The Avnei Nezer and the Sefas Emes in Tractate Pesachim argue with Tosfos, and say that we do have a neshama Yeseira on Yom Tov.  That is why when Yom Tov begins on Motzai Shabbos, you do not need Besomim, becomes the Neshama Yeseira remains throughout Yom Tov.  If that is the case, why don’t we use Besomim with Havdalah at the conclusion of Yom Tov?  The Avnei Nezer answers – it is because the “Neshama Yeseira” of Yom Tov does not leave us.  As we mentioned, we need to work for the inspiration of Yom Tov.  A Yom Tov for which a person had to work to inspire himself to earn the Neshama Yeseira does not depart immediately after the holiday with an “easy come easy go” disappearance.  It is “hard come and hard go”.  It does not leave us.

Unlike Tosofos, who explains that the reason we do not have Besamim on Motzai Yom Tov is because we do not have a Neshama Yeseira on Yom Tov, the Avnei Nezer explains we do have a Neshama Yeseira on Yom Tov but we do not lose it and therefore do not need to be “refreshed” by pleasant fragrance.

The Circle the Almighty Will Make for the Righteous in the Future

The other idea I would like to share on Parshas Ki Sisa is based on a thought of the Chasam Sofer which was expanded by the sefer Bei Chiyah.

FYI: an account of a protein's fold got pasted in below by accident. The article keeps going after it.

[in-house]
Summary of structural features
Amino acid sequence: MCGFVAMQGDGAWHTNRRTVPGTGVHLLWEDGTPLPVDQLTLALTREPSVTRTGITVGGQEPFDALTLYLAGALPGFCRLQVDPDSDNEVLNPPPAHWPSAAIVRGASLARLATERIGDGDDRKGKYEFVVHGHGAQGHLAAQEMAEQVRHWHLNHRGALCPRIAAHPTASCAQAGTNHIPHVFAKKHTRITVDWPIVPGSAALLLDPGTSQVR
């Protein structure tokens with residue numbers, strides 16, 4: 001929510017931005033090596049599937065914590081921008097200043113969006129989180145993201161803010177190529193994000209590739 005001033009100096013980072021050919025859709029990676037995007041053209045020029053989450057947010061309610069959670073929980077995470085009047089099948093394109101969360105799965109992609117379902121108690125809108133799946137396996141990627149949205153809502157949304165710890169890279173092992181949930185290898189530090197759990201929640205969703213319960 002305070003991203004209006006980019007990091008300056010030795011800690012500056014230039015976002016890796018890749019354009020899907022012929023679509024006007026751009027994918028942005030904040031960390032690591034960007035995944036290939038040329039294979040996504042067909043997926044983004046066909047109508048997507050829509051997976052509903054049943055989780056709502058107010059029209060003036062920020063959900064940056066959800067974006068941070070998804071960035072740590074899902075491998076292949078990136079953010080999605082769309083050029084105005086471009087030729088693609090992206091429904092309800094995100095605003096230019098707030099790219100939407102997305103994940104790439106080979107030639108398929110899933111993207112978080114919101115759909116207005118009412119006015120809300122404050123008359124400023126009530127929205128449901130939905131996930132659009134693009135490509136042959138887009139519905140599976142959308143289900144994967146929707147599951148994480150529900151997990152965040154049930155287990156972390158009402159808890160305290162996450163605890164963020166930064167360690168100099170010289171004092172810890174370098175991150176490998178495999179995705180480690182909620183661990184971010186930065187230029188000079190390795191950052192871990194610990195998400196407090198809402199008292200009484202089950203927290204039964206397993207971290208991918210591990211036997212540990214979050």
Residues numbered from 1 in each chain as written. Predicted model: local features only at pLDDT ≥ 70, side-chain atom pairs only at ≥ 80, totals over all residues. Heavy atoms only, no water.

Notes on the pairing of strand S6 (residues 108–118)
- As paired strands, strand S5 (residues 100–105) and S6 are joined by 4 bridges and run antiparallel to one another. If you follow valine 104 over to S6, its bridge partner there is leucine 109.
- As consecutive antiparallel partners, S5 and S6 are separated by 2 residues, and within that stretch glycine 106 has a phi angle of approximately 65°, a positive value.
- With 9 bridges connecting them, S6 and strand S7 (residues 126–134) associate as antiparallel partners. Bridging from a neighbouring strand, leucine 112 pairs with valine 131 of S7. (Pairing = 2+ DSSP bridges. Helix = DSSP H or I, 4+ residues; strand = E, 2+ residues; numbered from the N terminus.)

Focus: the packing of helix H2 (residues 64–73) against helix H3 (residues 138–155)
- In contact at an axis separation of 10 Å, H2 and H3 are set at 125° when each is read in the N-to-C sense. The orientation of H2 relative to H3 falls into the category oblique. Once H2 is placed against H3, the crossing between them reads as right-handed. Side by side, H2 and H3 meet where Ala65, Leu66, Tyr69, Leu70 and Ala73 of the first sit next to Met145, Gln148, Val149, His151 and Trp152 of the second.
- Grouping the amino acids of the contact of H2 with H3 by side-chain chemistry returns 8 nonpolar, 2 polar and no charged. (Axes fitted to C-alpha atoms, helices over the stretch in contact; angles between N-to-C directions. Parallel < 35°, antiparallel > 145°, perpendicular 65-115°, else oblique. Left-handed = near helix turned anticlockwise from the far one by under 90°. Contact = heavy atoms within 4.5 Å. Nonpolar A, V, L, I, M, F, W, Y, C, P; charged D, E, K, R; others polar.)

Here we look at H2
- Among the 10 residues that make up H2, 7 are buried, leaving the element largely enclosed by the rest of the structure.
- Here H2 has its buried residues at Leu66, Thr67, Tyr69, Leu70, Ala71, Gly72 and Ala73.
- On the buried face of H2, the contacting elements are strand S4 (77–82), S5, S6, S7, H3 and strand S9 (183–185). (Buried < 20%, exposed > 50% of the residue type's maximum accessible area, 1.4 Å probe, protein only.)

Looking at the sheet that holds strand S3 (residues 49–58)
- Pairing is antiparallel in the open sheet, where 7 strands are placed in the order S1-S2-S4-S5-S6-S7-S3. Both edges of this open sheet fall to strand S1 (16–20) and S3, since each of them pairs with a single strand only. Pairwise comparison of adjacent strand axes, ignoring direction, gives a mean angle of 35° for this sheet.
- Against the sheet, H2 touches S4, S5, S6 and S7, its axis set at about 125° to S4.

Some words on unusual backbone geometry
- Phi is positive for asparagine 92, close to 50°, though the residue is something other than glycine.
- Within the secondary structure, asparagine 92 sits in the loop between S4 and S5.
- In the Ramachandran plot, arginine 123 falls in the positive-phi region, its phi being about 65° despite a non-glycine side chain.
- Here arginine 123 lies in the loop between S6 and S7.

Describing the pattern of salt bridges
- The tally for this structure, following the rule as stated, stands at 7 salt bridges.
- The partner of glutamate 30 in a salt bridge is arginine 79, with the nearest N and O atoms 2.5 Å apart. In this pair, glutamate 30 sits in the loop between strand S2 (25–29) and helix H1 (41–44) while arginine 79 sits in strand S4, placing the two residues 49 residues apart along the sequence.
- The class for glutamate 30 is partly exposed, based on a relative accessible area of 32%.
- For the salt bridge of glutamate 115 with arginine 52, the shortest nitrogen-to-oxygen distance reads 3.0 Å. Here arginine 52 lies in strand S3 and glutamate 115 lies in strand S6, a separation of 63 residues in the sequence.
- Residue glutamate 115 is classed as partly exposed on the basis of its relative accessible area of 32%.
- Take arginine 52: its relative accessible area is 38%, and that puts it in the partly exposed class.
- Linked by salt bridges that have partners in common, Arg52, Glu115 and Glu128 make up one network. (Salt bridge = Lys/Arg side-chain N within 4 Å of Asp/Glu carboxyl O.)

Moshe Rabbeinu asks the Ribono shel Olam, “Show me please your Glory.”  Moshe Rabbeinu said he would like to see the Kavod of the Master of the Universe.  The Almighty responds to Moshe Rabbeinu:  “…Behold! There is a place with Me; and you will stand on the rock.  When My glory passes by, I shall place you in a cleft of the rock, and I shall cover you with My palm until I have passed.  Then I shall remove My palm and you will see My back, but My Face may not be seen.” [Shemos 33:21-23] This is the literal translation of the words of these pesukim.

The Talmud [Berachos 7a] explains that this question and answer between Moshe Rabbeinu and the Almighty was more than just a question of “I want to see what You look like.”  Moshe was asking the most fundamental question that has bothered mankind since the beginning of time.  This question (to which in our lifetime we will never really know the answer) is the question of Tzadik v’Rah lo, Rasha v’Tov lo [Why do bad things happen to righteous people and good things happen to wicked people?]  The entire book of Iyov is devoted to trying to understand this concept.